Richmond Story House

By Rachel Marsh | August 14th, 2017

Supporting meaningful connections for people of all ages

Richmond Storyhouse

Think about a room in the house where you grew up. What did it look like? Provide a 360-degree description of it. Describe a conflict that happened in this room. Who would have been in it?

Richmond Story House founder Rachel Pater utilizes memory-jogging prompts like this to help her students shape personally significant life events into a well-developed story.

If you’re not familiar with the concept of a story house, or you didn’t even know Richmond had one, don’t feel bad. The business just launched this spring and it’s the first of its kind locally. It provides a communal space for individuals to share and connect through storytelling. Pater, a former high school teacher, worked for years with homeless and LGBTQ youth and observed the strength that these individuals drew from telling their stories and the ability it gave them to take control of past trauma.

A public storyteller herself, Pater has always had a passion for this art of communication, which spurred the aspiration to open a story house. But she and her partner lived in Denver, a city too large for a niche business to succeed easily. So they sought residence elsewhere, in an area small enough for entrepreneurs to bloom but big enough to possess a creative culture.

So, naturally, they landed in Richmond.

Soon, Richmond Story House was born, directly in the heart of Union Hill. The space hosts adult workshops and reading groups and serves as a spot for community meetings.

Outside of the house itself, Pater goes to underserved populations and to middle and high schools, to help these individuals develop their own life events into personal narratives. Most recently, she’s been focusing her energy on the elderly community.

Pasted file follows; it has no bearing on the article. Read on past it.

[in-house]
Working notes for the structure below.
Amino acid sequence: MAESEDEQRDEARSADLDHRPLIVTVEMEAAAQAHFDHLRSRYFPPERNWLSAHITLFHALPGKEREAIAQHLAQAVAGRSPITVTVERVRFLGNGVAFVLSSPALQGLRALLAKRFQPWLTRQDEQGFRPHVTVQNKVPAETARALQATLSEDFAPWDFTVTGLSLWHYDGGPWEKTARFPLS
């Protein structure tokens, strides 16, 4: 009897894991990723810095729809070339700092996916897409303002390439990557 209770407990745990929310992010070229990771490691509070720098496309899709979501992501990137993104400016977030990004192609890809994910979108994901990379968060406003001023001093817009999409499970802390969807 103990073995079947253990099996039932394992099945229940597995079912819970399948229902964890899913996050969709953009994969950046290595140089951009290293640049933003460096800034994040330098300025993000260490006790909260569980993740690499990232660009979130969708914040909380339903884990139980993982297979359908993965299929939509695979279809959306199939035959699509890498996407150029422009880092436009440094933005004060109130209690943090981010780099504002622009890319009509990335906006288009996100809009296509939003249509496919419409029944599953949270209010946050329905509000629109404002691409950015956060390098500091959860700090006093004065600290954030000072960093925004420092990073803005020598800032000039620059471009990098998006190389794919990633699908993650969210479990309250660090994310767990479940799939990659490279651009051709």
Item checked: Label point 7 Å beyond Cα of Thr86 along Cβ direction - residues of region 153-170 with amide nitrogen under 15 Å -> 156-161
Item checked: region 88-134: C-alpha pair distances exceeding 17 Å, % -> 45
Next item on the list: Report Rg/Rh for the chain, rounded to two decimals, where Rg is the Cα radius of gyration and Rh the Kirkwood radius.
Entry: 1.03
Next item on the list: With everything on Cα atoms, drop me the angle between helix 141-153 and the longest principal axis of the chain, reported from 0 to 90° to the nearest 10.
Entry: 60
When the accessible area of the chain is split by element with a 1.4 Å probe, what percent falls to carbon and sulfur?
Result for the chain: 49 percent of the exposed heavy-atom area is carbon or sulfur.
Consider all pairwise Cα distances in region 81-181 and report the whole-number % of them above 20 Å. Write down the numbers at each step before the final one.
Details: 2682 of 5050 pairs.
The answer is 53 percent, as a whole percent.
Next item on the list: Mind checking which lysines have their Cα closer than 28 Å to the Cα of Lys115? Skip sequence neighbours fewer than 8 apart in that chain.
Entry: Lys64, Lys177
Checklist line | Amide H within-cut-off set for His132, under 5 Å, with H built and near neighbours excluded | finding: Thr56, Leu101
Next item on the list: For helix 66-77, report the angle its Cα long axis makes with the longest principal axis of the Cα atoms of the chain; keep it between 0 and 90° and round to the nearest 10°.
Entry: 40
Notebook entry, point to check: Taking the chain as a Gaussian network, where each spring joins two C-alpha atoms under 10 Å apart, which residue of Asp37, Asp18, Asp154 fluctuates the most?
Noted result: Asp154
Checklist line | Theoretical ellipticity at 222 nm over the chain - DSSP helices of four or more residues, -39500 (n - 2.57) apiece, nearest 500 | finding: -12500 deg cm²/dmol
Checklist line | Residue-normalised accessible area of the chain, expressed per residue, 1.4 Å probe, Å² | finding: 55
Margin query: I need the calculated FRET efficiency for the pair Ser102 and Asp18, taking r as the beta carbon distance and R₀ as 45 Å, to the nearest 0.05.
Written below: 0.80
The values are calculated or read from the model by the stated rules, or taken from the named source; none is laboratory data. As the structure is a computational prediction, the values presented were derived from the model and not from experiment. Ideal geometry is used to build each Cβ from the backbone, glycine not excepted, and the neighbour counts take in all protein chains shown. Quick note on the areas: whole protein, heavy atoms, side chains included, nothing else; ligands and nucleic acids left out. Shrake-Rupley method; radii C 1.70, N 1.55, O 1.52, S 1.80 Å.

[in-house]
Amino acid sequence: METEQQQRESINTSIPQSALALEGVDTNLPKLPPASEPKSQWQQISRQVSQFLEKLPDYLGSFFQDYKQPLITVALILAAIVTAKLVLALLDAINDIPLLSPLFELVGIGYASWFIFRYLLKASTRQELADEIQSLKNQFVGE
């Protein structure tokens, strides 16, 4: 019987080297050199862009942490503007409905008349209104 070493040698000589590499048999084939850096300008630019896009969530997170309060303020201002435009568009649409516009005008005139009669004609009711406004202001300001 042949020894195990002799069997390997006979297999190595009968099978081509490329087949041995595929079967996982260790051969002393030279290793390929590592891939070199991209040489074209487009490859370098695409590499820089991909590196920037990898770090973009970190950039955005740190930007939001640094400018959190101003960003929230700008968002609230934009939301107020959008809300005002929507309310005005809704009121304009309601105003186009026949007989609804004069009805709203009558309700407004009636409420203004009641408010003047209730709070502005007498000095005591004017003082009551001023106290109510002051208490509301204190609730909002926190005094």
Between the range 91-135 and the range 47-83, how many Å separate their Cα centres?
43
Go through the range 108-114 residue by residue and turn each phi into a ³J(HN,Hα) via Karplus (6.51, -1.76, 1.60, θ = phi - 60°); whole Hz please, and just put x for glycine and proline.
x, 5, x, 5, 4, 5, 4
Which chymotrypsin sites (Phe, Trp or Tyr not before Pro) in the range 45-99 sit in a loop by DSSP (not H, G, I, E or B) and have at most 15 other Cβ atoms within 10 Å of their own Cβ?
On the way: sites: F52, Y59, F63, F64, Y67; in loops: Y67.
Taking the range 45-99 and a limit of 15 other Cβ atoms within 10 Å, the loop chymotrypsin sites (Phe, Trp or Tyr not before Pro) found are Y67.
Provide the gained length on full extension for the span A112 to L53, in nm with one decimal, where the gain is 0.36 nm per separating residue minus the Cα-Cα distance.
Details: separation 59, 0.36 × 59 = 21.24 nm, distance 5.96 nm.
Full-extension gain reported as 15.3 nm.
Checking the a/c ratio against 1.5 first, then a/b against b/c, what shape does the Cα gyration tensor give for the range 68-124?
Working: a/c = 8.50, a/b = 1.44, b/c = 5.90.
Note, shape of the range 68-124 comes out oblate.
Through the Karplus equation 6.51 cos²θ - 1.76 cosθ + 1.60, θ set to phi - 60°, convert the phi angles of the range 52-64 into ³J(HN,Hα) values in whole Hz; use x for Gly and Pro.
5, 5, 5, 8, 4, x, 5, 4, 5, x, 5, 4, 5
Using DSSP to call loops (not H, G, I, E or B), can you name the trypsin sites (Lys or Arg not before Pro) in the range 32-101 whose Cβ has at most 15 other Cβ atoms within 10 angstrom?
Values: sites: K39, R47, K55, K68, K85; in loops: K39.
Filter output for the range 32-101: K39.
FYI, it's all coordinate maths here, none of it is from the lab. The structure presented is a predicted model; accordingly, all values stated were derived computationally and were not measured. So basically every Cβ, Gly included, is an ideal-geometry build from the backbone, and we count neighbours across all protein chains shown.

She believes that this population has a lot to offer, including the historic moments and decades that they’ve lived through. “[Older folks] think they haven’t done anything worthwhile … But with every passing day, we lose firsthand accounts on big events and times.” She goes into local nursing homes to conduct storytelling workshops for residents, to help them develop a significant story from their life, often relating to an event that’s shaped their life or changed its course in some way. It may be written or oral, but it’s a well-rounded account participants are able to gift to their families and loved ones.

“Folks who are aging think that people don’t care about their stories,” Pater says, “but maybe people just don’t know how to ask.”

Whether through a workshop or class series, elderly or youth, Richmond Story House aims to sift through memories and give participants a well-built story to pass along.

After all, Pater believes, everyone’s stories are worth sharing.

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